(5) I've only seen a couple of Family Guys, so I can't really comment on this analogy-- is there anything more to it than that both shows are cartoons about families?

(6) HIMYM is fundamentally about Ted's quest to find a wife, so I really don't see how it can ever evolve into a Friends-like ensemble where each show is equally like to be about any one of the five principals. If anything, the heavy emphasis on things like dating rules and catchphrases reminds me more of Seinfeld than of Friends.

marc b. said...

That the jokes like "you've been lawyered" can come out of nowhere with no setup is one of the things that has me coming back to this show week after week. I'm quite bummed that I didn't start watching it until six weeks ago.

Alan Sepinwall said...

Whether I do this as a column or not, some thoughts on both the initial list and Oz's comments:

1)Lost is the new X-Files, in that it's a show that has hooked people with an ambitious, convoluted mystery that the writers clearly don't know the solution to. I would say the real-world flashbacks equate to those Monster of the Week shows; the difference is that Lost mixes the mythology and the self-contained stuff into each hour, instead of keeping them separate the way X-Files did.

2)Veronica is the new Buffy: Tiny blonde with a gift for quips battles evil (of a non-paranormal kind) and routinely grapples with stories that parallel the travails of teenage life (and with no monsters or vamps, the writing doesn't have to lean on metaphor as much).

3)Grey's Anatomy is a mix of three different '90s shows: ER, Sex and the City and Friends. The ER thing should be obvious, and probably the Friends thing too (20-ish pals, many of whom live together, negotiate relationships and their first real taste of adulthood). As for Sex and the City, you have a female lead character who is annoyingly self-centered, obsessed with an unattainable man with a colorful nickname (Big=McDreamy), prone to sledgehammer narration and the least interesting person on the show (Carrie=Meredith); a blunt type-A personality who says what the others wish they could (Miranda=Cristina); a blonde bombshell (Samantha=Izzy in the biggest stretch); and a stammering prude whom the others view as a mascot (Charlotte=George).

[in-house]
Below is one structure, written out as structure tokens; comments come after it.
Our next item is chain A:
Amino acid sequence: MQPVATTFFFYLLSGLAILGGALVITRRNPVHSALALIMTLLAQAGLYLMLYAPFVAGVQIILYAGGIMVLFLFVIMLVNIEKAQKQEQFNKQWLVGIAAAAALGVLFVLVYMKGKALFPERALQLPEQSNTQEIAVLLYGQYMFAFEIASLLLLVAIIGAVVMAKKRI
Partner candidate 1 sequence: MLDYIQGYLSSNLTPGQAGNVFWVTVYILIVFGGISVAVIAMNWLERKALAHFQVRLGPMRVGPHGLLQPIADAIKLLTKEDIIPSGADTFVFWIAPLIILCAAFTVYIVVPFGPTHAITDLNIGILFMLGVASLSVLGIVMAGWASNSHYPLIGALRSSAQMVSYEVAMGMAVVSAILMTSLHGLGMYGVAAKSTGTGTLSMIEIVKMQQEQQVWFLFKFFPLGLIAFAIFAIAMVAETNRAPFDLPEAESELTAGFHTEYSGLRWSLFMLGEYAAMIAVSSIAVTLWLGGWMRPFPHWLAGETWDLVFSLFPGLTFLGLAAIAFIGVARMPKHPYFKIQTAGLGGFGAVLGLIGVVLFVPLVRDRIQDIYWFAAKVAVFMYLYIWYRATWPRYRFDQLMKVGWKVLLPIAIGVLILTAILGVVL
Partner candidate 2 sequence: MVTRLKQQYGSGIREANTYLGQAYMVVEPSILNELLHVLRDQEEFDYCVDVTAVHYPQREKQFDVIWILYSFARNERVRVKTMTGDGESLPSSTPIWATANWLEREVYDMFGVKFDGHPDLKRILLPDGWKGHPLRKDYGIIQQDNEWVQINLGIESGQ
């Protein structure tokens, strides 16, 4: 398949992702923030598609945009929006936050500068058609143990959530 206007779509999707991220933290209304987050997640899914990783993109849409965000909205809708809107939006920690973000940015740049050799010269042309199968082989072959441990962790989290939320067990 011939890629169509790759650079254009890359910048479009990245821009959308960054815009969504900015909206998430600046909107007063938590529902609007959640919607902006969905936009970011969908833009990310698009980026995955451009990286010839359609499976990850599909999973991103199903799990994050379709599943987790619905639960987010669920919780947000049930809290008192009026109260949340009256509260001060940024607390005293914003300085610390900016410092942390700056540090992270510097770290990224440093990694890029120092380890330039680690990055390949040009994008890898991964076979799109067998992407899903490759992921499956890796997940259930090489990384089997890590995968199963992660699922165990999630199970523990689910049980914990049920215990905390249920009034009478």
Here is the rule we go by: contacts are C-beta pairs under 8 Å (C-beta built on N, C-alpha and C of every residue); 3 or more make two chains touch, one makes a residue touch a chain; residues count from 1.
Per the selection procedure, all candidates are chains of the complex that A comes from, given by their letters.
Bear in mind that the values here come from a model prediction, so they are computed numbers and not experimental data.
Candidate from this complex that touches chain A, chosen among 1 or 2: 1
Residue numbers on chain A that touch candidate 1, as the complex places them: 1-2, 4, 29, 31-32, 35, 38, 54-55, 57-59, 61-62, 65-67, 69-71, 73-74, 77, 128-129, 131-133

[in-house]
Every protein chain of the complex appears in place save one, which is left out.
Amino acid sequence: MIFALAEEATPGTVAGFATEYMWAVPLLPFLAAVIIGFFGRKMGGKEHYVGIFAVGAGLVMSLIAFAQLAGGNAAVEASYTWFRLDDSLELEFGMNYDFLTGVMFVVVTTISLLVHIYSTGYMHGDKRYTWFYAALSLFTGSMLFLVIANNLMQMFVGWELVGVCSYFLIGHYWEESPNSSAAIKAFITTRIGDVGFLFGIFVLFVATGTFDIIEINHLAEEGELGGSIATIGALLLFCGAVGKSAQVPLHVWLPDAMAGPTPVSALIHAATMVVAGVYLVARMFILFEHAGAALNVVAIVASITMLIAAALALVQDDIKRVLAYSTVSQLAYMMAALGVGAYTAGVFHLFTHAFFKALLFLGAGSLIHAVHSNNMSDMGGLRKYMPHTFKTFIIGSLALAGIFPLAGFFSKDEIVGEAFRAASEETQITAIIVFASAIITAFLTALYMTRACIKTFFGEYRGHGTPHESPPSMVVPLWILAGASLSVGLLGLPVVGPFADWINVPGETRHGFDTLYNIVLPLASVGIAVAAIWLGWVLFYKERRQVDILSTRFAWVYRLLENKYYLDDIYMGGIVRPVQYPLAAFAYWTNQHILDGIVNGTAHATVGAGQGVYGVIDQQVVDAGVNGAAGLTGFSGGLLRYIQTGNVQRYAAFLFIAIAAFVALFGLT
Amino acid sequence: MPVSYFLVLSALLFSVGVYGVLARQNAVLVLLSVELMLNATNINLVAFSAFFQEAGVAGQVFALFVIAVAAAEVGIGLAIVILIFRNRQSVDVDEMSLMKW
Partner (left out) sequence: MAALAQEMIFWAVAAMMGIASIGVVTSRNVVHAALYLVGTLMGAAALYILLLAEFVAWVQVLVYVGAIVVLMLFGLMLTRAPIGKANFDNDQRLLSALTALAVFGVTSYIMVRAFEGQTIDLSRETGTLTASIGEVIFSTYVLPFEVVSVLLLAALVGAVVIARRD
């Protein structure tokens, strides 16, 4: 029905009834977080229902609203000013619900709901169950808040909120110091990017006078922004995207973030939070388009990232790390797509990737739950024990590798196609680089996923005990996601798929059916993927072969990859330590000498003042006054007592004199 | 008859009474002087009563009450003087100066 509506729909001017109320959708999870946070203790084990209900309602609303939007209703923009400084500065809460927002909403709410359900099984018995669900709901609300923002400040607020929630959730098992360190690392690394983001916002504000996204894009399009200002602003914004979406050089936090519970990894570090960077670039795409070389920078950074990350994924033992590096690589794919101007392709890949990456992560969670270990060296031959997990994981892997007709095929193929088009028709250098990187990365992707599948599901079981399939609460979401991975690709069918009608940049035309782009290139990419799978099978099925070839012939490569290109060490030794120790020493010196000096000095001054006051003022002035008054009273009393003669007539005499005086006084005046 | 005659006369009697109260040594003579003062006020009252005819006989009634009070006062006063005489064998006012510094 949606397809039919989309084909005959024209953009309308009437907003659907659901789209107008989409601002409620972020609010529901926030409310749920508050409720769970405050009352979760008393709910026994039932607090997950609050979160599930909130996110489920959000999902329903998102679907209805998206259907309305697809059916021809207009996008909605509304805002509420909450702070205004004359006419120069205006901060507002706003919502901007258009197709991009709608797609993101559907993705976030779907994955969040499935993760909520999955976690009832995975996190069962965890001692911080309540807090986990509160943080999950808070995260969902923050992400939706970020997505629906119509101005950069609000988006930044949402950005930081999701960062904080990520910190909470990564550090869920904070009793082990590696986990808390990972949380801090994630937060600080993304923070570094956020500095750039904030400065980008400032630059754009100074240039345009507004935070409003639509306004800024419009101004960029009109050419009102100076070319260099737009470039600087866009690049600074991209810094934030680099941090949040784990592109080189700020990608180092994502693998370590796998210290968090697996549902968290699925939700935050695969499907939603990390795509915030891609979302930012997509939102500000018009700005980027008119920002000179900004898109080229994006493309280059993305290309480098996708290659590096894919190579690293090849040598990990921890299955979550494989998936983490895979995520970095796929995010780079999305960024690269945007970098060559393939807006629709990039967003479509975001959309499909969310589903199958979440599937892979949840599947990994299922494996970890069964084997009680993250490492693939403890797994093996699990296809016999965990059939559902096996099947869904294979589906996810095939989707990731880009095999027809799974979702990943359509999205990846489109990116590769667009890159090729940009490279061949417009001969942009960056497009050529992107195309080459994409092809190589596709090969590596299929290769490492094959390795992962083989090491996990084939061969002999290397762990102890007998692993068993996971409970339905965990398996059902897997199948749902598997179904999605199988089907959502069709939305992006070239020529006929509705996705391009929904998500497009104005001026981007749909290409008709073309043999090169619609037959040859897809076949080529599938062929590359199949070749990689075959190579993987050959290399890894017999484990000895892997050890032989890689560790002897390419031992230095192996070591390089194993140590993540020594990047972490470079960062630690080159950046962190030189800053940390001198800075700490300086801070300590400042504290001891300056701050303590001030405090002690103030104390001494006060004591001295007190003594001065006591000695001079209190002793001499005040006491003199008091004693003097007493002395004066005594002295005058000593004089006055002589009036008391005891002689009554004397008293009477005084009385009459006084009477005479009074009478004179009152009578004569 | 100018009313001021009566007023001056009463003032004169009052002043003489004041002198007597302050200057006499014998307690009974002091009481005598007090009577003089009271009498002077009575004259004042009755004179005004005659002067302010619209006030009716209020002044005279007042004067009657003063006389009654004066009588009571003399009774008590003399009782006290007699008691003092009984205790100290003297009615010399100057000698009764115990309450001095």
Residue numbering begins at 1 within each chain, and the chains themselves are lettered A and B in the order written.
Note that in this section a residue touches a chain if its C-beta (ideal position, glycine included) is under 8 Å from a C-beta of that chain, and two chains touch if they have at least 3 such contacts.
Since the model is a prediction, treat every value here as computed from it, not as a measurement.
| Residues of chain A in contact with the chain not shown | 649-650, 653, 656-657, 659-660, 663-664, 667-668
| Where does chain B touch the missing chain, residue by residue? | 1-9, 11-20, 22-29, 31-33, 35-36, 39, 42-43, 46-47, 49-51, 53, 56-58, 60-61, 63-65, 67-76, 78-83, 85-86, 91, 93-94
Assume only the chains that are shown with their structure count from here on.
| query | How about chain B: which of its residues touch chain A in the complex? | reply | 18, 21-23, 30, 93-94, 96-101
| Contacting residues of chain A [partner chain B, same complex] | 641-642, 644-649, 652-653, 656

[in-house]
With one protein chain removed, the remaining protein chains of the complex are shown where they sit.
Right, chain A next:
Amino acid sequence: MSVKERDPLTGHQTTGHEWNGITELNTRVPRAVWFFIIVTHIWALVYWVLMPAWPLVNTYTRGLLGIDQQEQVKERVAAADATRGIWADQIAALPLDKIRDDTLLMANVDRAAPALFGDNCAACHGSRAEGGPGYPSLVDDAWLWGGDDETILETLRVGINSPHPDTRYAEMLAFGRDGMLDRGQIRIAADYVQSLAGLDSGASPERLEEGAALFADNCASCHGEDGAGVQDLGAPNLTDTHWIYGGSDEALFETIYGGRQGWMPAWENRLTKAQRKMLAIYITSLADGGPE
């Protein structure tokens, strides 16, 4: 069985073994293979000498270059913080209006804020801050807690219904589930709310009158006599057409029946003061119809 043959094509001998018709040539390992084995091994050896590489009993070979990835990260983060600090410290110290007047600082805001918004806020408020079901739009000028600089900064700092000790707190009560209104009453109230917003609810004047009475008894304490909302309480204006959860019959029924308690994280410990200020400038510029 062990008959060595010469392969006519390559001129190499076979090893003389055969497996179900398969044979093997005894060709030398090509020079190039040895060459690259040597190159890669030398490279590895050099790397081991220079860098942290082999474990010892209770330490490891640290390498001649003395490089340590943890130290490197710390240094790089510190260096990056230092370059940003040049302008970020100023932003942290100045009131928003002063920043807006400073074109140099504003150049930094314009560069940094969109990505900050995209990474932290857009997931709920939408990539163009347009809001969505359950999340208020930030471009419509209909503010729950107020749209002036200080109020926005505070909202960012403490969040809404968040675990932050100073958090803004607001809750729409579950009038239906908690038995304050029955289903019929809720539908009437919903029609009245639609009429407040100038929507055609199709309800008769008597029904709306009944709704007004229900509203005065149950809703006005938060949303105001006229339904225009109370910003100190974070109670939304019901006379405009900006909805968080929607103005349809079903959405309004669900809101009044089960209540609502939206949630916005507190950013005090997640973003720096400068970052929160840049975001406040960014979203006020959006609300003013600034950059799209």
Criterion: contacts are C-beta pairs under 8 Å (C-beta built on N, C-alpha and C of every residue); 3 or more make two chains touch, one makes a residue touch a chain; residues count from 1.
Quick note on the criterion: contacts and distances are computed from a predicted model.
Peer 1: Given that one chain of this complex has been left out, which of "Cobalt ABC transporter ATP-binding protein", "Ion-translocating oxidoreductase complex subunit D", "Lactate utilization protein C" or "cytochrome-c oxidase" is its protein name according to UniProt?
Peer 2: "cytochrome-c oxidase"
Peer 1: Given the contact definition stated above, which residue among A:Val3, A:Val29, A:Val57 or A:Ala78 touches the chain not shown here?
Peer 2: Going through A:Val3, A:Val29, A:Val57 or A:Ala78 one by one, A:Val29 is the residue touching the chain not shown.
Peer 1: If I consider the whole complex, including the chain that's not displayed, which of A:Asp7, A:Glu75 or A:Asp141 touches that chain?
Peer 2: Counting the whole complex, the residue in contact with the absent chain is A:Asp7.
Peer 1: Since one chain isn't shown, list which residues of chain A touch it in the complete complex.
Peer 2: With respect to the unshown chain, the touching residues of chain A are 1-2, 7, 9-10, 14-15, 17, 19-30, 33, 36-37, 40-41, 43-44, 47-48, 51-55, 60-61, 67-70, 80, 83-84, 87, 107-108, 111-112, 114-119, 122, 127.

4)Not sure The Office has a direct '90s parallel. There's a bit of NewsRadio (wacky workplace), a dash of Seinfeld (cynical worldview), and even, as Oz points out, Cheers (unrequited love among co-workers).

5)Family Guy is a very obvious Simpsons imitation, albeit with its own quirks (the random pop culture digressions that "South Park" mocked a few weeks ago). At this stage in The Simpsons' lifespan, I'm not sure there's much difference between the two, either in heart or laugh levels.

6)As HIMYM has gone along, it's evolved into much more of a Friends-ish ensemble, even with the title, the Future Ted narration and the frequent Ted/Robin episodes. I don't think they're dominating this show any more than Ross and Rachel did in the early seasons of Friends -- it's just that that show was named for all six, where this one has a title that hangs on Ted. But this is the closest we've ever gotten to "The next Friends!"

dez said...

Family Guy never has been and never will be the equal of The Simpsons in anything. Bah.

Also, HIMYM can never be "the next 'Friends'" because HIMYM is actually, you know, FUNNY :-)

Yes, I'm cranky today.

Anonymous said...

Alan - go for it. I remain anonymous to protect my family. But please use a couple of my examples - LOST, OC, and Veronica since those are my favorite shows.

they are also not meant as direct parallels - but as filling the role those shows left. So if the Office isnt exactly Seinfeld, then it's filling Seinfeld's role (maybe Newsradio is better.) Same with Grey's and Ally - although the more you list Grey's influences (Friends, Sex and City etc.) the more derivative and formulaic it reveals itself to be...

And you get what I mean... So go for it.

DonBoy said...

You just know the HIMYM writers were throwing around the words "Teddie Award" in the writers' room. I mean..."Local Area Media Awards", or "Lame-a"? Seems pretty meta to me. (As did Barney's "And this week's plot twist will be announced by...")